We need to tackle that issue, because people are staying in the workplace longer, and because it is unfair and wrong. It needs to be tackled in this place through a change in the law. I have had discussions with companies about why they do not just do the right thing, why they do not change this unfair practice, and why they do not look after all their workers better. The answer that I have had is simple: they will not do that until we in this Parliament say that they must, because they do not want to have to pay more by offering those terms and conditions. The bottom line is that they do not want older workers like Stephen. That is not right, and it is not something this country can afford, either. People are working until a much older age; that has become more acute as the Government have changed the pensionable age.

Stephen’s Bill seeks to put right the situation for every older worker in this country by changing the law on workplace benefits, so that older people are treated the same as others in any other part of the employment relationship. We know why this matters. There was a time when a pregnant woman had to quit her job and leave the workplace; indeed, there was a time when women were not welcome in many workplaces. There was a time when women were not given paid maternity leave, men were not given paid paternity leave and women would not get jobs if they were of childbearing age. We have addressed that through Parliament over decades. Now employers find that retaining women in the workplace—indeed, having them at the very top levels in the boardroom—benefits not just mothers, but businesses. Businesses can now retain the vital skills, knowledge and commitment of female workers, and that needs to happen in relation to older workers too. Older workers have skills and knowledge gained over many years in the workplace. Treating older workers fairly will encourage them to stay, and benefit the companies they work for.

I remember a time when employers used to say that a woman did not need to work, get the same bonuses as a man or be offered overtime, because men needed those opportunities in order to feed their families. We outlawed that because equal pay at work matters and equal opportunity at work matters, too. That applies every bit as much whether it is a younger or older worker doing the job.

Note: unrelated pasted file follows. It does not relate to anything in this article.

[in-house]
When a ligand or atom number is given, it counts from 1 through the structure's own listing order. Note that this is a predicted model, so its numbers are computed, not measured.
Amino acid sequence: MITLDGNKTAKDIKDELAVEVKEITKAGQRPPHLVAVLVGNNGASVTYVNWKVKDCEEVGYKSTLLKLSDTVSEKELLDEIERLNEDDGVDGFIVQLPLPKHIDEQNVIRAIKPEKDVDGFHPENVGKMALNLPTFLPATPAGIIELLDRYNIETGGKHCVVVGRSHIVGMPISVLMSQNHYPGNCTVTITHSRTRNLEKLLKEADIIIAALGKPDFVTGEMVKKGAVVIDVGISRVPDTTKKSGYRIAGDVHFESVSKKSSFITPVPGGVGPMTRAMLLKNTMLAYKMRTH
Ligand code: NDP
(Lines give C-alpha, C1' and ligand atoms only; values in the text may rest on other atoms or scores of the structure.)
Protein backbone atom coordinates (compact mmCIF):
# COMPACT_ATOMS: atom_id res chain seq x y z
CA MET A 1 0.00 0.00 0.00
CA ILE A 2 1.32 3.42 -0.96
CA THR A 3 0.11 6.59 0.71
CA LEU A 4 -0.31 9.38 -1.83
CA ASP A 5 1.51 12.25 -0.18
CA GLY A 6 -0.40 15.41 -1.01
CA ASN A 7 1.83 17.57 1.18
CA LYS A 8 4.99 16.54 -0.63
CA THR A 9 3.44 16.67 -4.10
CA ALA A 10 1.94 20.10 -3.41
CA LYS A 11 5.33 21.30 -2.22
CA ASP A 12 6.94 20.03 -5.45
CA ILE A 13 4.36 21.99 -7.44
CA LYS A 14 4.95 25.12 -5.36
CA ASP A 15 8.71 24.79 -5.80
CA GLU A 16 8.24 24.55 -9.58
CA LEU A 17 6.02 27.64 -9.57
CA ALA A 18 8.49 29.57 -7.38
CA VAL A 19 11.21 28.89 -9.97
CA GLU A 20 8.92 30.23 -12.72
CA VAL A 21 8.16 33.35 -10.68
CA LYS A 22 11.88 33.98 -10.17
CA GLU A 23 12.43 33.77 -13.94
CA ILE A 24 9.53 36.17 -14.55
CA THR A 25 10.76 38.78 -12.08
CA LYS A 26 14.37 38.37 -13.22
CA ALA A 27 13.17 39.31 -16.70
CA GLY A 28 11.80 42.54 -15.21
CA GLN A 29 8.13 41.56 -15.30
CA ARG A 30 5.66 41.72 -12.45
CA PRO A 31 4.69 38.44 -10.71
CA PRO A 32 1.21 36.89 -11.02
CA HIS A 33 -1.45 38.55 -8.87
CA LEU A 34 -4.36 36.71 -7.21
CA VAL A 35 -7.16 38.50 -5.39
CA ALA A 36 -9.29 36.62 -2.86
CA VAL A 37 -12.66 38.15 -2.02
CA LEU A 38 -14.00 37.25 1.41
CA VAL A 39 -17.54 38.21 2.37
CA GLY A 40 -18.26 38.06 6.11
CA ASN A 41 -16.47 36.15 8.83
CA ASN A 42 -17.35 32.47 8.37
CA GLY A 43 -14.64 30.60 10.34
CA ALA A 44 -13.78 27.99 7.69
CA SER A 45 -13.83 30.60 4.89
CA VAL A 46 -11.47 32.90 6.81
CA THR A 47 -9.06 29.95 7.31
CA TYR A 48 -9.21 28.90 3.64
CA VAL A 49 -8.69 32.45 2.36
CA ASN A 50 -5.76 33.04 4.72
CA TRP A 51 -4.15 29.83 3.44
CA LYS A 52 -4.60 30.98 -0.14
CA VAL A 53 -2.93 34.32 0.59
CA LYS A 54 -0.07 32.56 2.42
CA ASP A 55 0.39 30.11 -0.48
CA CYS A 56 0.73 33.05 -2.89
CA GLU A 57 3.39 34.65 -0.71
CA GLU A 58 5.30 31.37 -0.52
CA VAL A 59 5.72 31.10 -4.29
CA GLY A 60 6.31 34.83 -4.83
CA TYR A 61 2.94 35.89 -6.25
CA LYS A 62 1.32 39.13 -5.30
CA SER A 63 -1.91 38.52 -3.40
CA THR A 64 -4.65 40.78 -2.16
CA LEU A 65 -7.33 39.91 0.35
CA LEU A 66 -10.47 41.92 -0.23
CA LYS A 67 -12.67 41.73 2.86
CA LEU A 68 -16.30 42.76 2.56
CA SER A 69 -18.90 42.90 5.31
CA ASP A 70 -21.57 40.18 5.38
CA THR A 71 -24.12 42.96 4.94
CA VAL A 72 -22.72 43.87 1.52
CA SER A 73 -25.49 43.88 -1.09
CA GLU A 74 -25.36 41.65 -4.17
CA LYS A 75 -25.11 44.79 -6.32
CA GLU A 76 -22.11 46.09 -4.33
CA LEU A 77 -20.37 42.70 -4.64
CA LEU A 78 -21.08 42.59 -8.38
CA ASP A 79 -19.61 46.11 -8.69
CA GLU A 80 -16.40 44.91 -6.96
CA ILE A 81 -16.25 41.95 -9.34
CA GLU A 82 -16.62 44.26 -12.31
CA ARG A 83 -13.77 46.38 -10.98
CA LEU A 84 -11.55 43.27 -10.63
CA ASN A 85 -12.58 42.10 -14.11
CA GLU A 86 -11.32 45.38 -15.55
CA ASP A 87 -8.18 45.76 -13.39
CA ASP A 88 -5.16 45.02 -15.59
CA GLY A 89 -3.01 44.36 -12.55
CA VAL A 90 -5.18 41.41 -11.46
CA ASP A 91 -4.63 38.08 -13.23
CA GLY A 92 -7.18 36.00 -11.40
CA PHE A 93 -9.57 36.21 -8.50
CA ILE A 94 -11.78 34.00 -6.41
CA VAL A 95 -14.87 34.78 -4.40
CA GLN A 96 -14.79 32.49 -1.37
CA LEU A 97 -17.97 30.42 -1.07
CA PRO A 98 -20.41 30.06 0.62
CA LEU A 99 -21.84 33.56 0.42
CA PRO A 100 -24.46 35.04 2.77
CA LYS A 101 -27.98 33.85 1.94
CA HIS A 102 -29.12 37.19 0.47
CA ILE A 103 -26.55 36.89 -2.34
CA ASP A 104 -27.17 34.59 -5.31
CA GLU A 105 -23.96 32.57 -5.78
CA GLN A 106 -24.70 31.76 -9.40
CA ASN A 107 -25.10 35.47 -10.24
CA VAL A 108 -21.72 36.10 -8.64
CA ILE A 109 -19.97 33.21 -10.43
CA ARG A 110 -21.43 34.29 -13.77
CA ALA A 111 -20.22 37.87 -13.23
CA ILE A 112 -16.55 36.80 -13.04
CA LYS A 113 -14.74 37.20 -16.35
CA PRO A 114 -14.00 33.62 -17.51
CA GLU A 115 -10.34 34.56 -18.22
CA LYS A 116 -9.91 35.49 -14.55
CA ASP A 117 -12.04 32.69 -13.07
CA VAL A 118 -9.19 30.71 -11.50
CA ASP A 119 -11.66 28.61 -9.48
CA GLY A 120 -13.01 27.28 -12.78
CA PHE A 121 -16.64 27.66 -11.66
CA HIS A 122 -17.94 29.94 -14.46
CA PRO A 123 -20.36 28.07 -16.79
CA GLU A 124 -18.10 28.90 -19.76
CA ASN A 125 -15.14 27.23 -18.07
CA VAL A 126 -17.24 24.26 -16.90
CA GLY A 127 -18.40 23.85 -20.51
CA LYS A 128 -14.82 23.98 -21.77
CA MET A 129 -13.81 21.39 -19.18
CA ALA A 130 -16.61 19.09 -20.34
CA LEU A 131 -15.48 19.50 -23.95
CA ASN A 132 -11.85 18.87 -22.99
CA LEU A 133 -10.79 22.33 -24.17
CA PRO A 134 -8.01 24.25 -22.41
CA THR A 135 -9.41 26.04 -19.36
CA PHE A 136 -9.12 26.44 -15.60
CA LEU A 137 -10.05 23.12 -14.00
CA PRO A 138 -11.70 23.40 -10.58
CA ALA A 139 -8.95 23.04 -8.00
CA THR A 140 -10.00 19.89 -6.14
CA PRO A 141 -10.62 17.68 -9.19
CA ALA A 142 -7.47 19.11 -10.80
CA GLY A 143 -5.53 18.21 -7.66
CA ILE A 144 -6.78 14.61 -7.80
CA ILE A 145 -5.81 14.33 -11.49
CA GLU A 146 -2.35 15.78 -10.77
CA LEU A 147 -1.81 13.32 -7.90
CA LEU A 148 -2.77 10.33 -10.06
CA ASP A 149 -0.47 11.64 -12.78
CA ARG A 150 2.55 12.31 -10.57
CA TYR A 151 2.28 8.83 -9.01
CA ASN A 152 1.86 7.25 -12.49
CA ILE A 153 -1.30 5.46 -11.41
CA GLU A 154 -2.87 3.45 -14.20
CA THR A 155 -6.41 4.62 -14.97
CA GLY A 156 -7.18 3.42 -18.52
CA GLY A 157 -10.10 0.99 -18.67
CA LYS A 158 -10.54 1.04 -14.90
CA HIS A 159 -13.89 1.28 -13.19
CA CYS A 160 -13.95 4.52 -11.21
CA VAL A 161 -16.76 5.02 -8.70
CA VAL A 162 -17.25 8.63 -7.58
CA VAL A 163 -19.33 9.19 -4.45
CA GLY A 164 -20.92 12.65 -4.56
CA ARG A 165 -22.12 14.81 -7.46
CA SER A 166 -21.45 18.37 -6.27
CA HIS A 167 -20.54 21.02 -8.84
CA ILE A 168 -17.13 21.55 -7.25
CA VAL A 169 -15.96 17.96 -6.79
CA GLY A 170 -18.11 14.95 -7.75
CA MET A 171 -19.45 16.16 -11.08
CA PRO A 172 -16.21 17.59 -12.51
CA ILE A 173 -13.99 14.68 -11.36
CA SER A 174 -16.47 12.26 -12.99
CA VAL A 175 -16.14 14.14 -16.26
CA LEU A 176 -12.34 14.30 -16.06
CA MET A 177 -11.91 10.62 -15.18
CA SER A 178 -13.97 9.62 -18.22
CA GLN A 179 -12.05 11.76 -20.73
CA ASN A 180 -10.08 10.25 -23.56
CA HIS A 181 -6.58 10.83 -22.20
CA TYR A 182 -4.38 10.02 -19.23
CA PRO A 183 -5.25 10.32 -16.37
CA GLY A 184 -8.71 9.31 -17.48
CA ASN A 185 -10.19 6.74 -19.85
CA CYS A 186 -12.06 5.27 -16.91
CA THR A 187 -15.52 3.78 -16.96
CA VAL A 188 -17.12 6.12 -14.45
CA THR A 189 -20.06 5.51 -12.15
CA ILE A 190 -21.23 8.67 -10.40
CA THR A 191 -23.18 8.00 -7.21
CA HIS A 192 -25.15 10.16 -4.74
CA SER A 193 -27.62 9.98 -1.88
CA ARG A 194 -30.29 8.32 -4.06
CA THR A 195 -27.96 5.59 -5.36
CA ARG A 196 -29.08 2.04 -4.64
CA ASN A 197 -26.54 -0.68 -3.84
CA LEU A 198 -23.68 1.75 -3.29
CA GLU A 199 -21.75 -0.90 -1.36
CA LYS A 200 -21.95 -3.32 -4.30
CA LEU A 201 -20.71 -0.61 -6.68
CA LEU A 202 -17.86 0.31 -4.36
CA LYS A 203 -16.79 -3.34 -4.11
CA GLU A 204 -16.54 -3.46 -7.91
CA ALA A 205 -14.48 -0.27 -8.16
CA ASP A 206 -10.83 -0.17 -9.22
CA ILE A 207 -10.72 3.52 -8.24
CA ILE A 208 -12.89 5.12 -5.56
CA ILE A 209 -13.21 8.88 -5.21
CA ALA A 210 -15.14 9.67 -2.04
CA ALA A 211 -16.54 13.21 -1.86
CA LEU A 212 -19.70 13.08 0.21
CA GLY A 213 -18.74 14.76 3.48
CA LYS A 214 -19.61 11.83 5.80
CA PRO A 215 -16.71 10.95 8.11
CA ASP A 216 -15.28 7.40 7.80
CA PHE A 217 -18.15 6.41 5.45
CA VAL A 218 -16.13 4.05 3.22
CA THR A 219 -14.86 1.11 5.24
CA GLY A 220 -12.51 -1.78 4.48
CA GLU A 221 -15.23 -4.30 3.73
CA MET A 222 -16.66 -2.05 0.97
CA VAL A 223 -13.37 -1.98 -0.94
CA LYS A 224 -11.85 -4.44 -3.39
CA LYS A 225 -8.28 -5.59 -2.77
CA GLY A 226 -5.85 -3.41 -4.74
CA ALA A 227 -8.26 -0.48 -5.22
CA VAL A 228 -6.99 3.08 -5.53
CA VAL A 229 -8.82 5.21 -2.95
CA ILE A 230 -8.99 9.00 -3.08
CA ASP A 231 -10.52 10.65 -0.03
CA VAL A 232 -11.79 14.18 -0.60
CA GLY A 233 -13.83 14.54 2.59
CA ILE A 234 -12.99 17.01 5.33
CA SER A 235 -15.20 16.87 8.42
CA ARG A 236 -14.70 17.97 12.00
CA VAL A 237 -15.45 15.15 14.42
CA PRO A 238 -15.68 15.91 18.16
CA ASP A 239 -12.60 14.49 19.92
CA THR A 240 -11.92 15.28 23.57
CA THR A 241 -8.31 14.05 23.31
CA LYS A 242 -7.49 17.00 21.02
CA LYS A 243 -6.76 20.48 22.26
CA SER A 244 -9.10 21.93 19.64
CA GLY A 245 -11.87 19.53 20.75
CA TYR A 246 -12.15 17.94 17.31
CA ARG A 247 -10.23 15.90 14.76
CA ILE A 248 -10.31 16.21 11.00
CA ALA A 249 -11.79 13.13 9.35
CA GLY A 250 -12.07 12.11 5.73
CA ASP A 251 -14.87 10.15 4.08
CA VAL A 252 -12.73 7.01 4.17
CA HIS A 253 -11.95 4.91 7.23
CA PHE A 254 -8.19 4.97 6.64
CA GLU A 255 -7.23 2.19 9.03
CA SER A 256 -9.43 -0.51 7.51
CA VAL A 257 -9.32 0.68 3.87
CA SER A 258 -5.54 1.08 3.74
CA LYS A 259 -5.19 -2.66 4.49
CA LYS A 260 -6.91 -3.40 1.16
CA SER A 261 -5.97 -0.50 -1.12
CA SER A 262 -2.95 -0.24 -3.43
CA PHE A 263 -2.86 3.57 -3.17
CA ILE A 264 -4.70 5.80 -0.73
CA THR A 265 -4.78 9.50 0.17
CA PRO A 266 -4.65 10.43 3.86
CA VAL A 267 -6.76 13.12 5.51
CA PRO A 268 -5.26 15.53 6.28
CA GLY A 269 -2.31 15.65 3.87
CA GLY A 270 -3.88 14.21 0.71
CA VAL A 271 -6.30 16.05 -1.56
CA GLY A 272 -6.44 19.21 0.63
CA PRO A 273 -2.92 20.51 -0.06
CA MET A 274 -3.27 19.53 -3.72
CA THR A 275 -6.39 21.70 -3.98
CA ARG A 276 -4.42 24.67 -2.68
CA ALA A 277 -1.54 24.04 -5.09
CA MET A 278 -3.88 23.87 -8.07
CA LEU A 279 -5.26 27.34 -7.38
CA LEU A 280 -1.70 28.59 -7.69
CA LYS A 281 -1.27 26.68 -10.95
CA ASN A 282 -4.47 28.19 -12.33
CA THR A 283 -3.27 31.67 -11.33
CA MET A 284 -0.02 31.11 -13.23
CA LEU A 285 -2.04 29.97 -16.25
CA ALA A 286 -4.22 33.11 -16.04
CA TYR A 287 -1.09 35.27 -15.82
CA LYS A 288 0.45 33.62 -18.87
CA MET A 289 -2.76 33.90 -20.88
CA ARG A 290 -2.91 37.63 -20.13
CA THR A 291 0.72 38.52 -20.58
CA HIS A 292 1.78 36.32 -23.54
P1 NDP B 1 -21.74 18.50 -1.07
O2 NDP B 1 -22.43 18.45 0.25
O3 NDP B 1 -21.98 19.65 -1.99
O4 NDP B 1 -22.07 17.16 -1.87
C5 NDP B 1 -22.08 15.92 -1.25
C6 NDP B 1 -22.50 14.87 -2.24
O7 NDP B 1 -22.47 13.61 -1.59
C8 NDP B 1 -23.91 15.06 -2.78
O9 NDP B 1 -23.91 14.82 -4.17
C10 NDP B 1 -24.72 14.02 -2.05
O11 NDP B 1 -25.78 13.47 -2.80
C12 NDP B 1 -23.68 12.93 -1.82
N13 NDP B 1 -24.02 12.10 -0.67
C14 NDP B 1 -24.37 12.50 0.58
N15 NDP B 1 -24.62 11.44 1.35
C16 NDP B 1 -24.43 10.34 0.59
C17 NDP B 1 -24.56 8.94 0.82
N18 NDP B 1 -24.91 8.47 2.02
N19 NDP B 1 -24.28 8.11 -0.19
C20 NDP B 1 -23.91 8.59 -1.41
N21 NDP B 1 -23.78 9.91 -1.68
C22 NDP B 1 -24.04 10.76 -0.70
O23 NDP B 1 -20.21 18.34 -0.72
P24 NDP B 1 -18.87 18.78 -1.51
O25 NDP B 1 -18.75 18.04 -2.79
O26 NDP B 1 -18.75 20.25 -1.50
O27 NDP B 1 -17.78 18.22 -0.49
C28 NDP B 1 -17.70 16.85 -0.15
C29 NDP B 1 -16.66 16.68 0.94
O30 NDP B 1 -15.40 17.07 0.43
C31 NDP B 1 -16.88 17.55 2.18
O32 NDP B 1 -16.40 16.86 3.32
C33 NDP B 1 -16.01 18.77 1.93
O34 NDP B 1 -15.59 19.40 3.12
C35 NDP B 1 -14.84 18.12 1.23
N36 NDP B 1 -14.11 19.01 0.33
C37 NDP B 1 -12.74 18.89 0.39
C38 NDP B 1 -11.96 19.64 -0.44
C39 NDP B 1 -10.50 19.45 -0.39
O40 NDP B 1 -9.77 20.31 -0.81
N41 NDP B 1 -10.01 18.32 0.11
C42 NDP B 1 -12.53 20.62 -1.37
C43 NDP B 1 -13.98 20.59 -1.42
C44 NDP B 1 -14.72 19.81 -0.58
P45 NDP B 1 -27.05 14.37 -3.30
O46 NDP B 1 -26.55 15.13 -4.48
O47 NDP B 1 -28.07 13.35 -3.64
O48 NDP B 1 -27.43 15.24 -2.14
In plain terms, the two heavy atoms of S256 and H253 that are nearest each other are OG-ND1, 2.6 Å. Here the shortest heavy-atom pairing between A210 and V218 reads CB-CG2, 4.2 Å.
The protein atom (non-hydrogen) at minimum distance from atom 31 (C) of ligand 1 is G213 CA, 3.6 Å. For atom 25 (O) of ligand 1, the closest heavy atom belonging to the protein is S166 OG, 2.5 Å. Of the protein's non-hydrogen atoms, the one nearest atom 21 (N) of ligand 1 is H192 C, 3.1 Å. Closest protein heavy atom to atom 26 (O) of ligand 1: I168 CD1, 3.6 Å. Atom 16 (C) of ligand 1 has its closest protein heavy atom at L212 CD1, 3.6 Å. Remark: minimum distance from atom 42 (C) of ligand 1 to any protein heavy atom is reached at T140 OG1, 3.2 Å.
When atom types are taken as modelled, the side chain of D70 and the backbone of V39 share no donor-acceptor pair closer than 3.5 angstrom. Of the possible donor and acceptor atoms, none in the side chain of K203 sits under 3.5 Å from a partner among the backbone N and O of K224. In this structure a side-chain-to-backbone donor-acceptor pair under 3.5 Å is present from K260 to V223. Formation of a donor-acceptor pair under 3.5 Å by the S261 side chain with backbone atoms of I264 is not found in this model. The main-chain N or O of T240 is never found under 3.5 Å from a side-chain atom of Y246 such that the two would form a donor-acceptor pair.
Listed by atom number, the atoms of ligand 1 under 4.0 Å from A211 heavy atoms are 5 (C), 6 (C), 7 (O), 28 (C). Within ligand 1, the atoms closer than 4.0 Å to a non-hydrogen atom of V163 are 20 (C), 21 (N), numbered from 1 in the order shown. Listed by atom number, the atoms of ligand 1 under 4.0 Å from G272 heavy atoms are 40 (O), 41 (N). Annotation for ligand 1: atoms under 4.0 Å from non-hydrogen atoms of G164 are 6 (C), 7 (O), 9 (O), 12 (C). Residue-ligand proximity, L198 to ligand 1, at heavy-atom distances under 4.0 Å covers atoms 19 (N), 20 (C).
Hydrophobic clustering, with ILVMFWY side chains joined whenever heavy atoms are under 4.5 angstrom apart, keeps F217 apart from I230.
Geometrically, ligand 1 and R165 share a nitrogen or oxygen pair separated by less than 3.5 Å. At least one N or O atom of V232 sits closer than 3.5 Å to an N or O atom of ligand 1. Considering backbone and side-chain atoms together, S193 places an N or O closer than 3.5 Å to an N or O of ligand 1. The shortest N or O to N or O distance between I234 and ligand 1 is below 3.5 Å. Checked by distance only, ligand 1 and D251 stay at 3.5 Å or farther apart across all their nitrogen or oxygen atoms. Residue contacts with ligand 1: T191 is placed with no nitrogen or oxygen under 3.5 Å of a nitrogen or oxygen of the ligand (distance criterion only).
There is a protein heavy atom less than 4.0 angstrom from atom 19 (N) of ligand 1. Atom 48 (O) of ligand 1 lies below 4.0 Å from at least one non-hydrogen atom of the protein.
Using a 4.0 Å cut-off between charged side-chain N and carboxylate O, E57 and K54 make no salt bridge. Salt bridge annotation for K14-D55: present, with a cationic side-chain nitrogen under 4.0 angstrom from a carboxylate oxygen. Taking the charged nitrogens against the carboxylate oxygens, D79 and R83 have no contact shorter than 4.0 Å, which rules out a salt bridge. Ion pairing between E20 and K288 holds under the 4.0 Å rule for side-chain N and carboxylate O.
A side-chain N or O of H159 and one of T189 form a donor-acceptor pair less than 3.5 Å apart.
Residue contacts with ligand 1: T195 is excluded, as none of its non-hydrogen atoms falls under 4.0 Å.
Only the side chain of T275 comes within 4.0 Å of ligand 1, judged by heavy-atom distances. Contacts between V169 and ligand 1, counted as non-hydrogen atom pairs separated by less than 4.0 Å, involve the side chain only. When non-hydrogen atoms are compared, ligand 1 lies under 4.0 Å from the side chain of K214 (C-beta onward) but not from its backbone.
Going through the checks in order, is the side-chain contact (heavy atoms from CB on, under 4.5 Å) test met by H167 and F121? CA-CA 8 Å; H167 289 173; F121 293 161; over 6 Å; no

Another excuse that is given is that covering older people becomes more expensive for everyone, because the premium for the company goes up. That is, of course, absurd. Applying that logic, would it be okay to exclude from employment benefits people who have had a heart condition, cancer, a bad back, a disability or a chronic condition, on the basis that the insurance might go up? Of course not. It would not be lawful, and it should not be lawful for that to happen simply because of someone’s age. We have said in other cases that taking away someone’s work benefits is discriminatory and wrong, and it is discriminatory and wrong to do so simply because they have got older. That is something that none of us can influence or affect; it will happen to us all. Even in this place and, as we have heard recently, even in Government, people’s terms and conditions and severance pay differ depending on the age at which they take their role or responsibility.

It is time for us to amend this great injustice. Stephen knows that the challenge that he faces in changing the minds of his bosses is enormous, and there is no indication that they are prepared to do that. However, I know from speaking to businesses that there are things that the Government can do, beyond changing the law, to ensure that this injustice is addressed. That could include ensuring there are compensatory payments to give equivalence, on an equal pay basis, to people who do not have access to the same pay and conditions as others. That means making it unlawful for those offering insurance to have that kind of discriminatory condition, which we should do.

This is such an important time for our nation, as we look for everyone to contribute, and require people to work in, older life. It is essential that we put in place the right laws, protection and framework, so that whatever people want to do in older age, they are treated fairly and equally. That is the reason that Stephen has asked me—

The debate stood adjourned (Standing Order No. 11(2)).

Ordered, That the debate be resumed on Friday 15 March.